Background: Home nocturnal hemodialysis (HNHD) can improve clinical and biochemical factors in people with renal failure, but its cost-effectiveness relative to conventional in-center hemodialysis (IHD) is uncertain. We hypothesized that HNHD would provide more dialysis treatments at a lower total cost than IHD.
Methods: A prospective one-year descriptive costing study was performed at two centers in Toronto, Canada, involving patients enrolled from a HNHD program (N = 33), and a matched cohort from an IHD program (N = 23). All costs are expressed as mean weekly amount in Canadian year 2000 dollars. A projected mean annual cost (PMA) was calculated also.
Results: The mean number of treatments per week was much higher with HNHD (5.7 vs. 3.0, P = 0.004). Cost categories found to be less expensive for HNHD were staffing (weekly $210 vs. $423, P < 0.001, PMA $10,932 vs. $22,056) and overhead and support (weekly $80 vs. $238, P < 0.001, PMA $4179 vs. $12,393). There was a trend toward lower costs for hospital admissions and procedures (weekly $23 vs. $134, P = 0.355, PMA $1173 vs. $6997) and for medications ($172 vs. $231, P = 0.082, PMA $8989 vs. $12,029). Costs found to be more expensive for HNHD were the cost of direct hemodialysis materials (weekly $318 vs. $126, P < 0.001, PMA $16,587 vs. $6575) and capital costs (weekly $118 vs. $17, P < 0.001, PMA $6139 vs. $871), with a trend toward higher cost for laboratory tests (weekly $33 vs. $26, P = 0.094, PMA $1744 vs. $1364). Physician costs were the same at $128 per week (PMA $6650). The weekly mean total cost for health care delivery was 20% less for HNHD ($1082 vs. $1322, P = 0.006), with projected mean annual costs more than $10,000 lower ($56,394 vs. $68,935).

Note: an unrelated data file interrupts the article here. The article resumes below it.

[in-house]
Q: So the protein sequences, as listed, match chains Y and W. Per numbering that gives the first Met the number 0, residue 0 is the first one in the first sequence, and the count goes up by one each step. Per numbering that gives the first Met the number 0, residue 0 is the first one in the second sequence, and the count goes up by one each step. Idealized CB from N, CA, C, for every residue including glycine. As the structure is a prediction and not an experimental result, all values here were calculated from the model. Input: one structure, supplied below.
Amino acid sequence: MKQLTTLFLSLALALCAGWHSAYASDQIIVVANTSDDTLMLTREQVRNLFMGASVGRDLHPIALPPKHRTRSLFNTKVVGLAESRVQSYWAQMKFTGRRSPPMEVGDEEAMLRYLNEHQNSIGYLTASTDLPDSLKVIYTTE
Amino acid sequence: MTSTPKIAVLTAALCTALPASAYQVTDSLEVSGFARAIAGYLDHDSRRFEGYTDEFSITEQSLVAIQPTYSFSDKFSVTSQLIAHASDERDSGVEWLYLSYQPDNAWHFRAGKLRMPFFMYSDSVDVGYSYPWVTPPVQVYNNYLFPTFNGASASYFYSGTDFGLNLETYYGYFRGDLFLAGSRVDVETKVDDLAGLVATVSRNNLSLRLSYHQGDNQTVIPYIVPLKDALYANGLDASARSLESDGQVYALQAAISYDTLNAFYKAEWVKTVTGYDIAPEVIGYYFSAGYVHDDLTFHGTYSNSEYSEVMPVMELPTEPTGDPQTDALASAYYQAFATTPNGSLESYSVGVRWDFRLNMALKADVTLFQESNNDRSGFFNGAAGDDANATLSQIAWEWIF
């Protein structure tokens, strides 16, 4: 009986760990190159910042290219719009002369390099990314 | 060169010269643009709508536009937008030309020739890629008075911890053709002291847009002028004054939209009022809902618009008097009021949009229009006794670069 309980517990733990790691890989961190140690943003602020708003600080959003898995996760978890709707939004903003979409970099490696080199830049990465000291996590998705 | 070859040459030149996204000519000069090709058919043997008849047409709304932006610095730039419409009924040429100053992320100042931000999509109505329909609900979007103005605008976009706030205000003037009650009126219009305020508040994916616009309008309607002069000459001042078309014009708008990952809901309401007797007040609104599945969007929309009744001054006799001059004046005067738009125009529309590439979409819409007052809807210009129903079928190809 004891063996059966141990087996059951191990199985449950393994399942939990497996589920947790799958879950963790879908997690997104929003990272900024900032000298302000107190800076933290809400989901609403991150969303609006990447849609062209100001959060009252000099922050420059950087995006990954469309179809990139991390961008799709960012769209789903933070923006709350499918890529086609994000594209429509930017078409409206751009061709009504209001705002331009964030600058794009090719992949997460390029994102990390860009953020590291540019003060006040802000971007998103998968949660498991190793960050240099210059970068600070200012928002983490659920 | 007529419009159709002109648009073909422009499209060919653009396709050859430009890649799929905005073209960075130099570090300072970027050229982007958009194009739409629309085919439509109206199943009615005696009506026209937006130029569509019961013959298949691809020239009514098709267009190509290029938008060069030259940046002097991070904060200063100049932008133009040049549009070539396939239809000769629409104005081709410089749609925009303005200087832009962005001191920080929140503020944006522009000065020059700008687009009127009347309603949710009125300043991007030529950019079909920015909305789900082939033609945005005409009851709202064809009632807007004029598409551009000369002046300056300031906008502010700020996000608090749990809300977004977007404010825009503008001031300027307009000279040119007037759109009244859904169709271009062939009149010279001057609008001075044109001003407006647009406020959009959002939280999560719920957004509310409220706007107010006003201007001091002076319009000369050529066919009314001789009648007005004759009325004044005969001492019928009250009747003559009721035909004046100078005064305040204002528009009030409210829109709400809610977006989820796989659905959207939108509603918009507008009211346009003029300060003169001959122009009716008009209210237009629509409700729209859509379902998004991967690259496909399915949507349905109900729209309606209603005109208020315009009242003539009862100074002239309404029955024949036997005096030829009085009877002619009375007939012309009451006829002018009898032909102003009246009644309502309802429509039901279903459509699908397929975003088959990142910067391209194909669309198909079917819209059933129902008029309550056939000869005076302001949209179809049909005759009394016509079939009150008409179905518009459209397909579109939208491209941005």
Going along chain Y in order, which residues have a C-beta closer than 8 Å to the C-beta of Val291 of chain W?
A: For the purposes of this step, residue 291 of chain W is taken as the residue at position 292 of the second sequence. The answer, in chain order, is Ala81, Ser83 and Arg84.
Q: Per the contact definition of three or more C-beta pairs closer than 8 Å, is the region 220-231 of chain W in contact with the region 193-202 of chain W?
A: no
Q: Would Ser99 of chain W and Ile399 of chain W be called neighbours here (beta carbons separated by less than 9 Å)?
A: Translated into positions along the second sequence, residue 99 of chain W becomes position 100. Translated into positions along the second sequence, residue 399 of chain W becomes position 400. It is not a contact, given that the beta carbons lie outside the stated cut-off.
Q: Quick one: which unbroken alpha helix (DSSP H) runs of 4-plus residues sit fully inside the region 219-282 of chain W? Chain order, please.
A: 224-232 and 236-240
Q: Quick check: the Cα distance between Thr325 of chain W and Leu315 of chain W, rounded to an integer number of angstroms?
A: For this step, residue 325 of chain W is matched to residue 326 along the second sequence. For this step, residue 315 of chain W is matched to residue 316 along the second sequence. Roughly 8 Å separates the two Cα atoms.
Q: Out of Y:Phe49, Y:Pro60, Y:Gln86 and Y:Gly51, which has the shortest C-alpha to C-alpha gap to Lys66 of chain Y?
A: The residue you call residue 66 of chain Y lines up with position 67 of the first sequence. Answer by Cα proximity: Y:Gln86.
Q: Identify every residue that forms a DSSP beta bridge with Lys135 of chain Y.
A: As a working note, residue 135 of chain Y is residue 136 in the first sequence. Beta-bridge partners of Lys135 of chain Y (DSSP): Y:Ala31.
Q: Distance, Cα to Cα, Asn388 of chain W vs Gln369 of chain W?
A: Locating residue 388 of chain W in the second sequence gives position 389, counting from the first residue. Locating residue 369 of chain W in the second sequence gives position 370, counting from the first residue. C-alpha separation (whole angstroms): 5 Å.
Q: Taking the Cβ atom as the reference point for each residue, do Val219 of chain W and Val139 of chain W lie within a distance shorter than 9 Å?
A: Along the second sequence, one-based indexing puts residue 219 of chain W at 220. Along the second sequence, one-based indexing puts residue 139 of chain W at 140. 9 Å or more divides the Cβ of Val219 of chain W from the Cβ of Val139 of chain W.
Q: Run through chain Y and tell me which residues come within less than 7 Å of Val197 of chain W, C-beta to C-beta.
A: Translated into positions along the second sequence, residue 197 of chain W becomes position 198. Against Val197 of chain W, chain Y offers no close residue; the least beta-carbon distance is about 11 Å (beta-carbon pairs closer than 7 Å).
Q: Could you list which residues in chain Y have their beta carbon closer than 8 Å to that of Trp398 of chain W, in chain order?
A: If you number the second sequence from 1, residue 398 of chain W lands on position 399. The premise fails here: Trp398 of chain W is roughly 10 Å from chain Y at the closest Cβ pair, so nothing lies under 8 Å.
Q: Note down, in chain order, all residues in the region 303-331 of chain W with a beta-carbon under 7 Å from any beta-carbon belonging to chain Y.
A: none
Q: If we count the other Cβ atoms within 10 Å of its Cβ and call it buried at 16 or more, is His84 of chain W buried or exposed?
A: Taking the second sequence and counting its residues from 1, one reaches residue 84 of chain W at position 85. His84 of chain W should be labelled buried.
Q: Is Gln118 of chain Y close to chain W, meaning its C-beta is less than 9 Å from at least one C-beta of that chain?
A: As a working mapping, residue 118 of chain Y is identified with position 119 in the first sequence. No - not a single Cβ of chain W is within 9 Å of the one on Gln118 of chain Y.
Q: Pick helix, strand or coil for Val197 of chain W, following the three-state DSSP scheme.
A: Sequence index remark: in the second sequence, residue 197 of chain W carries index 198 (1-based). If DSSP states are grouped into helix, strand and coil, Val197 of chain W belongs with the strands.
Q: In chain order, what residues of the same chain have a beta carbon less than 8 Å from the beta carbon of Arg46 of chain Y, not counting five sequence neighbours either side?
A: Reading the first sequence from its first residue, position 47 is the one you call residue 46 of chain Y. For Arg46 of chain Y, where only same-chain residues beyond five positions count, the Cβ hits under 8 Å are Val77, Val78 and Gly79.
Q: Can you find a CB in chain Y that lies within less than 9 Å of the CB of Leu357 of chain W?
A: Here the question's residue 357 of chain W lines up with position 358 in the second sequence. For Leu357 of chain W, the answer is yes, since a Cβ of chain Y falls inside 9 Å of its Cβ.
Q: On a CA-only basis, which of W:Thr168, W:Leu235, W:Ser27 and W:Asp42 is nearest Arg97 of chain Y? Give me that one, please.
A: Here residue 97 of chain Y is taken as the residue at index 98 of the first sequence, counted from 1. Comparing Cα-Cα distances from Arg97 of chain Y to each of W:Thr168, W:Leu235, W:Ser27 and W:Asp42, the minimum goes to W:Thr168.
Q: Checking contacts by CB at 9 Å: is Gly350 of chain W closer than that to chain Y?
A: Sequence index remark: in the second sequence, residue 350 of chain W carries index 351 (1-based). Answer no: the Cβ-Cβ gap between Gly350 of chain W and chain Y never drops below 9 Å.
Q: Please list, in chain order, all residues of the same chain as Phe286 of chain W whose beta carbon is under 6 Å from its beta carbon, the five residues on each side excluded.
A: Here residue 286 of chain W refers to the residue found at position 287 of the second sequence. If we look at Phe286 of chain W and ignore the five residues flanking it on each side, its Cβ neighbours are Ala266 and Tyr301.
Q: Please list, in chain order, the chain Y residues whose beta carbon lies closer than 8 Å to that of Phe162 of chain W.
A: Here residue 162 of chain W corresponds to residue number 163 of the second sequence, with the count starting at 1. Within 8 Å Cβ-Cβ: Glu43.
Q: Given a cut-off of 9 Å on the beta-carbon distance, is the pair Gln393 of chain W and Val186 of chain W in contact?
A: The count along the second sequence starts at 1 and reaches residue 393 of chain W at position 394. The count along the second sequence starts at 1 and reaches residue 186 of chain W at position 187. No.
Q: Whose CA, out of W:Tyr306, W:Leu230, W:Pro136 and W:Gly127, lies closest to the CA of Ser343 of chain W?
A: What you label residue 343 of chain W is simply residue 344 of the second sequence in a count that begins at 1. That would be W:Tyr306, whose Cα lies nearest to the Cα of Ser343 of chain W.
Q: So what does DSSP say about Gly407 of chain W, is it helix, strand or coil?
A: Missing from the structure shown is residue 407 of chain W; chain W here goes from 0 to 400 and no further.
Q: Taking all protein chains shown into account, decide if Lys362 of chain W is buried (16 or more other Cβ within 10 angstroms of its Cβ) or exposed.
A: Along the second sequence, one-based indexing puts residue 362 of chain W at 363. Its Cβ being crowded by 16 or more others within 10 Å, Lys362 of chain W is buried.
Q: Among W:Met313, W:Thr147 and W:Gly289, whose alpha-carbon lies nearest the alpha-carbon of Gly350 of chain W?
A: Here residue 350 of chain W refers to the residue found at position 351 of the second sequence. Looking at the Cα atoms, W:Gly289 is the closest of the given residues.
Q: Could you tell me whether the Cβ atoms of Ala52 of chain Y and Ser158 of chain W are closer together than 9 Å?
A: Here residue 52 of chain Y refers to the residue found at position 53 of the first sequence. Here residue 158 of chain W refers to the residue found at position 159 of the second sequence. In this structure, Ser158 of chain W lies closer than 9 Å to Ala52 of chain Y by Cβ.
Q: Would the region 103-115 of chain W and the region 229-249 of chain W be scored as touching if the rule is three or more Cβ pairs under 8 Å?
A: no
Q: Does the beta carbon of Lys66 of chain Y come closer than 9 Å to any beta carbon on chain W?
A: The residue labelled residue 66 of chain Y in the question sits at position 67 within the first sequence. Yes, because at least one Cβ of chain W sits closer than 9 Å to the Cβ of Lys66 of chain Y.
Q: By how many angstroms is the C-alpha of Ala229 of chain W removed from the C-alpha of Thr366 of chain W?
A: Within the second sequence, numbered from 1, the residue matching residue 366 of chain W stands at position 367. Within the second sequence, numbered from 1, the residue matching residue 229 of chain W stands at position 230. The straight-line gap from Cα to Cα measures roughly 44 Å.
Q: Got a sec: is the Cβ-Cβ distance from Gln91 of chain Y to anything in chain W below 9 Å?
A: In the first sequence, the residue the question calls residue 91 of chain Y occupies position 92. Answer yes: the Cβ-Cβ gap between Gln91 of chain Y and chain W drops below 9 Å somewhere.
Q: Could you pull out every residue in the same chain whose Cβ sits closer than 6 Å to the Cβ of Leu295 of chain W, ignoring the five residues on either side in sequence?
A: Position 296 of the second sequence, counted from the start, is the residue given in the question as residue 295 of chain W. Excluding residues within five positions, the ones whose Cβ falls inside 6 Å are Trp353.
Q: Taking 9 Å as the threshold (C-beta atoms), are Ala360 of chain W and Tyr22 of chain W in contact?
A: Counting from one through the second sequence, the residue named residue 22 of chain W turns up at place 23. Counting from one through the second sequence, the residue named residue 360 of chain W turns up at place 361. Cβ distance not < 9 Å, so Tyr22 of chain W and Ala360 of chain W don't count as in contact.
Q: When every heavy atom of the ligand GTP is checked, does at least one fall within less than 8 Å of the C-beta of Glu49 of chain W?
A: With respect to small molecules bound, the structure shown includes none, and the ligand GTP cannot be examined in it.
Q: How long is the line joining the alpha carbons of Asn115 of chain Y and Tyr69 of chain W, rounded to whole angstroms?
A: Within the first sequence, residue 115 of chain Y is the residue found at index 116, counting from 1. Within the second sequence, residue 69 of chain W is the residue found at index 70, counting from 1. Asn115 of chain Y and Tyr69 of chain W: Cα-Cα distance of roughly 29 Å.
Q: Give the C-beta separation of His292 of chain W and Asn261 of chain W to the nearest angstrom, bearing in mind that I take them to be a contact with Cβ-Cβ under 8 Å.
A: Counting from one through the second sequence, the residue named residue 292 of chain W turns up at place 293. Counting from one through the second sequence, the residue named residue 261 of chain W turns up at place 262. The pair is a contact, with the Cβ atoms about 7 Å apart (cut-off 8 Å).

Conclusions: HNHD provides about three times as many treatment hours at nearly a one-fifth lower cost, with savings evident even when only program and funding-specific costs are considered.